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The epic journey of gray wolf OR-93 comes to a tragic end near California interstate

Louis Sahagún, Los Angeles Times on

Published in News & Features

LOS ANGELES — Wolf advocates across the nation were brooding over the bad news this week: The epic journey of a lone gray wolf that ventured from Oregon to the very edge of Southern California’s crowded suburbs in search of territory and female mates had ended in a vehicle collision near Interstate 5 in the Kern County town of Lebec.

“OR-93’s relentless wandering gave us hope, inspiration and a brief glimpse at what it would be like to see wolves running free across California again,” said Amaroq Weiss, a spokeswoman for the Center for Biological Diversity. “I only wish we could have offered him a safer world.”

California’s most adventurous wolf was found dead on the afternoon of Nov. 10 by a truck driver who noticed the carcass on a dirt trail near a frontage road running parallel to Interstate 5, officials said. A state game warden collected the remains, which were transported to the Wildlife Health Laboratory in Rancho Cordova, California, where the necropsy was performed.

A necropsy conducted on the carcass, which was found roughly 50 miles north of Los Angeles, determined that OR-93 had suffered “significant tissue trauma to the left rear leg, a dislocated knee and soft tissue trauma to the abdomen,” the California Department of Fish and Wildlife said Wednesday. The agency also said it “determined the wolf died from trauma consistent with vehicle strike and does not suspect foul play.”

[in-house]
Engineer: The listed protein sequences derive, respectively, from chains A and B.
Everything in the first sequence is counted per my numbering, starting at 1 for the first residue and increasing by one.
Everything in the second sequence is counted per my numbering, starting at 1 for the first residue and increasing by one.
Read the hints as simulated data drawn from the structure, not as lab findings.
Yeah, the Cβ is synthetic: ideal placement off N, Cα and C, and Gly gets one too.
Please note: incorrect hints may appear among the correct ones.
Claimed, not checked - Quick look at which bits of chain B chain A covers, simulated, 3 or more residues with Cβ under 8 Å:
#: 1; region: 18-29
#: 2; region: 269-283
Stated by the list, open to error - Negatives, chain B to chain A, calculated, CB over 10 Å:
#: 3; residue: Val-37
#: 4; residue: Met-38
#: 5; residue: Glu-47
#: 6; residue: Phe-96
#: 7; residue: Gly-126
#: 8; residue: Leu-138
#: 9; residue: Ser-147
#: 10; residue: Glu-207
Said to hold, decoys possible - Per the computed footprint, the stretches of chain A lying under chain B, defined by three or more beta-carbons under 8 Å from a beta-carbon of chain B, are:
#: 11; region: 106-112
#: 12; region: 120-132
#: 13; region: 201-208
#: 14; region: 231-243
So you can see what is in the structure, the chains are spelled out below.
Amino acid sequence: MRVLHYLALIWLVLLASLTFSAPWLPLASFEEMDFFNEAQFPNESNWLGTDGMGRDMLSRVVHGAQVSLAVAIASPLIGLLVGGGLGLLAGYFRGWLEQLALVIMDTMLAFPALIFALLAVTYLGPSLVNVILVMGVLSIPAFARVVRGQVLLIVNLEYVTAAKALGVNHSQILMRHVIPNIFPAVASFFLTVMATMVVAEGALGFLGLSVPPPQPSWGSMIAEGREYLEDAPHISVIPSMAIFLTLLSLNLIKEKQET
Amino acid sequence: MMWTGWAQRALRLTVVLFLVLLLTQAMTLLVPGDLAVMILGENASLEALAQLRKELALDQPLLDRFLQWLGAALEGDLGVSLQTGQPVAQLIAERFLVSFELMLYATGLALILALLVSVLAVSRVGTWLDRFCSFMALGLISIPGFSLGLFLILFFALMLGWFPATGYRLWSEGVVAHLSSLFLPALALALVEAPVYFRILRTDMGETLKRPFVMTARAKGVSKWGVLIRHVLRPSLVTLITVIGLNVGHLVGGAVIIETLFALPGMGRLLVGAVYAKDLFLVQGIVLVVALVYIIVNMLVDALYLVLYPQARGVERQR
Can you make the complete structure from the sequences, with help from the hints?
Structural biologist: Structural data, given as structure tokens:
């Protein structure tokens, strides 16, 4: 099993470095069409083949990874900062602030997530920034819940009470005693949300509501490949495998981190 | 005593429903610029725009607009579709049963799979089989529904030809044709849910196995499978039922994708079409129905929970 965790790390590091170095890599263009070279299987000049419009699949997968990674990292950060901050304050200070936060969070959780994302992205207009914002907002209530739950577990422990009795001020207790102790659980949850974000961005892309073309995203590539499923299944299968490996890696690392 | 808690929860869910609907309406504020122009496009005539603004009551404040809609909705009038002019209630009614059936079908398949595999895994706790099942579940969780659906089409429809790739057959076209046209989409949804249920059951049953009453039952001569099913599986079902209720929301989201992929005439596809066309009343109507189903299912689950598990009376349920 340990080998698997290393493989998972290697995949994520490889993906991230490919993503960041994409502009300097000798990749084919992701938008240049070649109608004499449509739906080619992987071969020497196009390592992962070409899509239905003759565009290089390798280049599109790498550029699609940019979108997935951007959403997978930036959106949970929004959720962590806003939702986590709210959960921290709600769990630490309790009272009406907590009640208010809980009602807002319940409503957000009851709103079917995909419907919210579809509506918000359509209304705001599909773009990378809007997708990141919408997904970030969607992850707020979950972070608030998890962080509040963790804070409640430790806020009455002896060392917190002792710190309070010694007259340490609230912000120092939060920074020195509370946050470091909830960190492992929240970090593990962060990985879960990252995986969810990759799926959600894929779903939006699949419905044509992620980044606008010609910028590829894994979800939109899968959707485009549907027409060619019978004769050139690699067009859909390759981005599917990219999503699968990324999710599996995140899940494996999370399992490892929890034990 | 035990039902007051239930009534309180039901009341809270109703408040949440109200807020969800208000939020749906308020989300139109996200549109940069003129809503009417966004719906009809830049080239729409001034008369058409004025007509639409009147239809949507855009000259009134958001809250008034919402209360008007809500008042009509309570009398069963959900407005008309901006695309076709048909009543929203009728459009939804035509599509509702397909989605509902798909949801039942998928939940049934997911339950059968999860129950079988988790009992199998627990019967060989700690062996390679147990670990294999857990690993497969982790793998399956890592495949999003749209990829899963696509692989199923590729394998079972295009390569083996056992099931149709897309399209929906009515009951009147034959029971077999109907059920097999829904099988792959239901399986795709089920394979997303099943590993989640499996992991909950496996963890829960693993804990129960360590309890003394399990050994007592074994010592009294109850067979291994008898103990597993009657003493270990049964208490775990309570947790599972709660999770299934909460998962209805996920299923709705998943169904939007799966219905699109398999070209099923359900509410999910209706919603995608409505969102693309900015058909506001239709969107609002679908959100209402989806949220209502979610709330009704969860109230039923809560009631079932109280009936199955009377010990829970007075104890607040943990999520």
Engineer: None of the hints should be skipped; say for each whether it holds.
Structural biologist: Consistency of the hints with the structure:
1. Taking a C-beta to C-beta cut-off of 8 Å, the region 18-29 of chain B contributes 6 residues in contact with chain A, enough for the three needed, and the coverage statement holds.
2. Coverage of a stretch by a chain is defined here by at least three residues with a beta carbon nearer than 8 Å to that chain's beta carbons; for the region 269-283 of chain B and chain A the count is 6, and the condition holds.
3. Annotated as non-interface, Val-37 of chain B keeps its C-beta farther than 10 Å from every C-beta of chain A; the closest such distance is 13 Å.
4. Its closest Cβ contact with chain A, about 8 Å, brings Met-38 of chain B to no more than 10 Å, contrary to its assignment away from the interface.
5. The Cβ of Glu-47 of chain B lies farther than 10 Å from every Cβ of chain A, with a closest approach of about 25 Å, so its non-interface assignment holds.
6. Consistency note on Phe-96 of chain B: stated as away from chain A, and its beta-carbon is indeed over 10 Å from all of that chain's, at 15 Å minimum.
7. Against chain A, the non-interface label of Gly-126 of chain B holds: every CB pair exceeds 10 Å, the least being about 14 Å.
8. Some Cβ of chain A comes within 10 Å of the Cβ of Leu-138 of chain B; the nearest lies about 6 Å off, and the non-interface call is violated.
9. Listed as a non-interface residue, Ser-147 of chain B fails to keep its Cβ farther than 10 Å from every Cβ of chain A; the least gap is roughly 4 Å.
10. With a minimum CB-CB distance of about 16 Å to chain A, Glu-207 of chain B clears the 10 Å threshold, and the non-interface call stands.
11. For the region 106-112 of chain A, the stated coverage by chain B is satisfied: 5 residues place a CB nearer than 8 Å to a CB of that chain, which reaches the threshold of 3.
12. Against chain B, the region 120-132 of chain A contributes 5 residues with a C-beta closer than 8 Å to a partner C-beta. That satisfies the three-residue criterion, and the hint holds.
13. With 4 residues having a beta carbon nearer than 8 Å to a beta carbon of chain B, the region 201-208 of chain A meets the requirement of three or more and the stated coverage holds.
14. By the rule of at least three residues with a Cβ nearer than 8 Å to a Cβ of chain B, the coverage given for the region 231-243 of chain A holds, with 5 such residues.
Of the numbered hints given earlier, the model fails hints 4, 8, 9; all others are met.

Pushed by an evolutionary gamble to pass off his genetic information to new generations of wolves in a region where they had not been seen for more than 200 years, OR-93’s record-breaking travels in California had signaled the potential return of a predatory force that some conservationists hoped would repair out-of-balance wildlands and make them more stable and diverse.

But it also increased the odds that OR-93 would wander into trouble on highways, in suburbs or on ranchlands where he might be mistaken for an unusually large coyote and trapped and shot as a threat to livestock.


Weiss was among wolf advocates and wolf haters alike who had been keeping their eyes peeled for an unusually large canine predator on the prowl since biologists lost track of the “pings” emitted by OR-93’s purple radio collar on April 5 in San Luis Obispo County, about a three-hour drive north of Los Angeles.

By then, state wildlife officials said, he had traveled at least 935 air miles in California, a minimum average of 16 miles per day.

Deepening the mystery was the fact that officials had not picked up a “mortality signal” from the collar, which would indicate the beast had stopped moving.

Only a week ago, Weiss hiked across a swath of wilderness in the Los Padres National Forest near where a landowner’s trail camera recorded video footage of the wolf near a water trough in May.


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